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References

[1] Leong, J.-A., J. J. Marra, M. L. Finucane, T. Giambelluca, M. Merrifield, S. E. Miller, J. Polovina, E. Shea, M. Burkett, J. Campbell, P. Lefale, F. Lipschultz, L. Loope, D. Spooner, and B. Wang, 2014: Ch. 23: Hawai‘i and U.S. Affiliated Pacific Islands. Climate Change Impacts in the United States: The Third National Climate Assessment, J. M. Melillo, Terese (T.C.) Richmond, and G. W. Yohe, Eds., U.S. Global Change Research Program, 537-556. doi:10.7930/J0W66HPM.

[2] USGCRP (2009). Global Climate Change Impacts in the United States. Karl, T. R., J. M. Melillo, and T. C. Peterson (eds.). United States Global Change Research Program. Cambridge University Press, New York, NY, USA.

[3] Carter, L. M., J. W. Jones, L. Berry, V. Burkett, J. F. Murley, J. Obeysekera, P. J. Schramm, and D. Wear, 2014: Ch. 17: Southeast and the Caribbean. Climate Change Impacts in the United States: The Third National Climate Assessment, J. M. Melillo, Terese (T.C.) Richmond, and G. W. Yohe, Eds., U.S. Global Change Research Program, 396-417. doi:10.7930/J0N-P22CB.

[4] Walsh, J., D. Wuebbles, K. Hayhoe, J. Kossin, K. Kunkel, G. Stephens, P. Thorne, R. Vose, M. Wehner, J. Willis, D. Anderson, S. Doney, R. Feely, P. Hennon, V. Kharin, T. Knutson, F. Landerer, T. Lenton, J. Kennedy, and R. Somerville, 2014: Ch. 2: Our Changing Climate. Climate Change Impacts in the United States: The Third National Climate Assessment, J. M. Melillo, Terese (T.C.) Richmond, and G. W. Yohe, Eds., U.S. Global Change Research Program, 19-67. doi:10.7930/J0KW5CXT.

[5] U.S. Geological Survey Pacific Islands Water Science Center (2015). Hydrology of Ocean Islands. Accessed May 5, 2015.

[6] Nurse, L.A., R.F. McLean, J. Agard, L.P. Briguglio, V. Duvat-Magnan, N. Pelesikoti, E. Tompkins, and A. Webb, 2014: Small islands. In: Climate Change 2014: Impacts, Adaptation, and Vulnerability. Part B: Regional Aspects. Contribution of Working Group II to the Fifth Assessment Report of the Intergovernmental Panel on Climate Change Exit EPA Disclaimer [Barros, V.R., C.B. Field, D.J. Dokken, M.D. Mastrandrea, K.J. Mach, T.E. Bilir, M. Chatterjee, K.L. Ebi, Y.O. Estrada, R.C. Genova, B. Girma, E.S. Kissel, A.N. Levy, S. MacCracken, P.R. Mastrandrea, and L.L. White(eds.)]. Cambridge University Press, Cambridge, United Kingdom and New York, NY, USA, pp. 1613-1654.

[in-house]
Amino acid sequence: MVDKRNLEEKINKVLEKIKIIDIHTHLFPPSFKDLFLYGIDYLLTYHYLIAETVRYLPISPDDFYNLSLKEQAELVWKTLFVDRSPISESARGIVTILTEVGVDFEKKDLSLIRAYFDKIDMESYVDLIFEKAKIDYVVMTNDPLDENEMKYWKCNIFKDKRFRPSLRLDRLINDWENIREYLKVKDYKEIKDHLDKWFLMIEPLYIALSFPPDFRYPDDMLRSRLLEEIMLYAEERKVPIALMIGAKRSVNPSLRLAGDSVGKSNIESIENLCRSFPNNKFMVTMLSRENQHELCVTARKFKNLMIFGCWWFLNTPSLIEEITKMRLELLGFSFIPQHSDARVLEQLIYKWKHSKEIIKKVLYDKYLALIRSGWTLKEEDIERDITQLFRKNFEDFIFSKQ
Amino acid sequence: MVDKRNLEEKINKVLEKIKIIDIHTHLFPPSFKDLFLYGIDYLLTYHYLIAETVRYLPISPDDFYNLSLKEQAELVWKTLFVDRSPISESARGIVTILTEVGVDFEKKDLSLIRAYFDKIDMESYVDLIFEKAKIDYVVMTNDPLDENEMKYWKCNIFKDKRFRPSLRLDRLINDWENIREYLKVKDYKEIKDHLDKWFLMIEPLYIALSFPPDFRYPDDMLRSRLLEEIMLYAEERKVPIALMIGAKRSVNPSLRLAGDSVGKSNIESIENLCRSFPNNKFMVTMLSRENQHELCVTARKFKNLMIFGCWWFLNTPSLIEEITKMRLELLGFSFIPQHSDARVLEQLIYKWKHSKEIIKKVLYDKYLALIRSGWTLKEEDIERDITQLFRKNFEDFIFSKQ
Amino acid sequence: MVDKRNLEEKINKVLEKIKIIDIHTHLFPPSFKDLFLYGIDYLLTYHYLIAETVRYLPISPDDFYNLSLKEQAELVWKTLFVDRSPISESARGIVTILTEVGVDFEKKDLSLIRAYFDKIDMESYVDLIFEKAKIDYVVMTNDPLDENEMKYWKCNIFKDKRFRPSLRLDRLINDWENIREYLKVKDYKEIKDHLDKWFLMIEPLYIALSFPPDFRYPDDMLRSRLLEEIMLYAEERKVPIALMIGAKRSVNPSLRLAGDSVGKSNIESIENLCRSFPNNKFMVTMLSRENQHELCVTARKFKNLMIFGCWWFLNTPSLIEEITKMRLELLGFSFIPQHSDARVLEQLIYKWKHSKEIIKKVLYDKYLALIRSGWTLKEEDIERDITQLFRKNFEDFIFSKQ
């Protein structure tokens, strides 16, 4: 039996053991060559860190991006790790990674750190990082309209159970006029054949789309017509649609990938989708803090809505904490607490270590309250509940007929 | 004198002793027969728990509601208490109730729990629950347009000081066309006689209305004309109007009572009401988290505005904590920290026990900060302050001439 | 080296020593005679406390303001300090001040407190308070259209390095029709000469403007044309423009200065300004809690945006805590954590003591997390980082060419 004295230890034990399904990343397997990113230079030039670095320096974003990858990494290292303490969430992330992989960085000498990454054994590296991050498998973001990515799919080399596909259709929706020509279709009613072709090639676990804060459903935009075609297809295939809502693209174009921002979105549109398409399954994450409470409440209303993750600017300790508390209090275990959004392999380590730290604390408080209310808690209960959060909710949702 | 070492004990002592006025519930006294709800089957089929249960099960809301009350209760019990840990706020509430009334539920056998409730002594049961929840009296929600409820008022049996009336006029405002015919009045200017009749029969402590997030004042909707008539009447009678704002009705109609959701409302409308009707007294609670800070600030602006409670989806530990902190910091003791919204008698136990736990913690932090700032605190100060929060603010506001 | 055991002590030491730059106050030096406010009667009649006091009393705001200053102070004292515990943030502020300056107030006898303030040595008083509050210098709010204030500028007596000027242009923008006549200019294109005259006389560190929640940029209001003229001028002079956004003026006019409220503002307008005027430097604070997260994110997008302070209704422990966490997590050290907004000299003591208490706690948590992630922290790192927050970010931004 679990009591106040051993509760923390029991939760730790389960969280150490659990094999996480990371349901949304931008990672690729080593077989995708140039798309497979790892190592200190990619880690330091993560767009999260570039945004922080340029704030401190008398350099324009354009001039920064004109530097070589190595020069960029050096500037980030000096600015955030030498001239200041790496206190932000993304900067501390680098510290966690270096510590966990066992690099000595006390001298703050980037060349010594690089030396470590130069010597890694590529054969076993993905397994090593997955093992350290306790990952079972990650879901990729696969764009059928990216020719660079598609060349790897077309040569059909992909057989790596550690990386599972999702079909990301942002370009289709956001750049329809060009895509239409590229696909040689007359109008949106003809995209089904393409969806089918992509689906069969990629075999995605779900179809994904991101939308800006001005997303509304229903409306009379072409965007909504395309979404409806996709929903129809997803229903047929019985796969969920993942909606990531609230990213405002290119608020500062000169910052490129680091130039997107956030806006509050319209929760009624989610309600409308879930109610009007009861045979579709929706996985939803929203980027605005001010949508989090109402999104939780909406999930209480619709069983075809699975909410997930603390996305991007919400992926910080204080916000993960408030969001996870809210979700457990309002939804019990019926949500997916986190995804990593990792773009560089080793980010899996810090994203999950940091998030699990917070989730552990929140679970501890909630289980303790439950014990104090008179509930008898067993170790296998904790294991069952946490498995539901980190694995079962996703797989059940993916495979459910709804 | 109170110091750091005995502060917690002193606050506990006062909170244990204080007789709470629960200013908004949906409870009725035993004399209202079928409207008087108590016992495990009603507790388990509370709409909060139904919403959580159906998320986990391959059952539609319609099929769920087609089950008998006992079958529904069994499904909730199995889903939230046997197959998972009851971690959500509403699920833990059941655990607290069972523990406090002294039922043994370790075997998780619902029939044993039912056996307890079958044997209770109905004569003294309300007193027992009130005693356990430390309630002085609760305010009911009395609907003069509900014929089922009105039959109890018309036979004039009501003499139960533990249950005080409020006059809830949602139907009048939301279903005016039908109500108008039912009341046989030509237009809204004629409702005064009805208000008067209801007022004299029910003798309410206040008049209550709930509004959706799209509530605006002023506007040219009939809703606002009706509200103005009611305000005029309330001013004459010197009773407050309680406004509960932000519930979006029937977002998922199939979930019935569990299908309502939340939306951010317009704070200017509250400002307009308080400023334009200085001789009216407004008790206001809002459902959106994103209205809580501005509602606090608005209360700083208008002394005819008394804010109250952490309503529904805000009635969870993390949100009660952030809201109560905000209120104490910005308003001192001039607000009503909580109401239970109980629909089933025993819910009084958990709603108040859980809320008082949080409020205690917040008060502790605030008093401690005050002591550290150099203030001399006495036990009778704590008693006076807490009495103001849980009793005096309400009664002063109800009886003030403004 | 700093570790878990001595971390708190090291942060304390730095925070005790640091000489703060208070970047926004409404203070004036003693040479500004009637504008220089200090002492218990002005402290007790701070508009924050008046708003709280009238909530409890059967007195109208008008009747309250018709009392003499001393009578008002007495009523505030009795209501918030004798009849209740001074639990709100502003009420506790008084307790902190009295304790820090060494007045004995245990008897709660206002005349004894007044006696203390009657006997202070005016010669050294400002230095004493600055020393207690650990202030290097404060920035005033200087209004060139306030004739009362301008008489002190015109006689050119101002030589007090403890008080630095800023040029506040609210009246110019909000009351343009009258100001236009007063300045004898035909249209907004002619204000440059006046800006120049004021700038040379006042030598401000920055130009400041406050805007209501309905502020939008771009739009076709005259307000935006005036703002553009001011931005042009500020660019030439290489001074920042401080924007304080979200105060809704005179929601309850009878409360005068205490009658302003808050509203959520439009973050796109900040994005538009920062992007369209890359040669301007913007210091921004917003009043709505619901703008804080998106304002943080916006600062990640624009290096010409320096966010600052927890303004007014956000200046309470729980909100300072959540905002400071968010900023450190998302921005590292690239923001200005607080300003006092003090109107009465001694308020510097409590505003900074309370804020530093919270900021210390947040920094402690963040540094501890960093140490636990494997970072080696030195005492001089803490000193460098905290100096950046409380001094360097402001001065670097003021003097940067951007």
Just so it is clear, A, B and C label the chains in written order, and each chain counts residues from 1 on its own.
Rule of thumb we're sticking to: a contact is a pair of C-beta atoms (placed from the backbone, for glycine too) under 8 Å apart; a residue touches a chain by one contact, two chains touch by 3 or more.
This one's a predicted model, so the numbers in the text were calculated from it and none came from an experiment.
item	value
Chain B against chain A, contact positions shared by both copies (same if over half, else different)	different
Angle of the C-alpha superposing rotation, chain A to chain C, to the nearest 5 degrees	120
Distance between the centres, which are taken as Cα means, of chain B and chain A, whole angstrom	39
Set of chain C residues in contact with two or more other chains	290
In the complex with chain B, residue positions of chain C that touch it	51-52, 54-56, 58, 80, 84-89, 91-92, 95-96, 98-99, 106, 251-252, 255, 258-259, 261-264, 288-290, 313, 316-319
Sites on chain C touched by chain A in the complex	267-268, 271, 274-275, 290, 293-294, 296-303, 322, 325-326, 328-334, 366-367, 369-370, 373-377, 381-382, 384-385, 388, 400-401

[7] Mimura, N., L. Nurse, R.F. McLean, J. Agard, L. Briguglio, P. Lefale, R. Payet and G. Sem (2007). Small Islands. In: Climate Change 2007: Impacts, Adaptation and Vulnerability. Exit EPA Disclaimer Contribution of Working Group II to the Fourth Assessment Report of the Intergovernmental Panel on Climate Change. Parry, M.L., O.F. Canziani, J.P. Palutikof, P.J. van der Linden and C.E. Hanson, (eds.). Cambridge University Press, Cambridge, United Kingdom.

[8] US EPA (2016). Climate Change Indicators in the United States.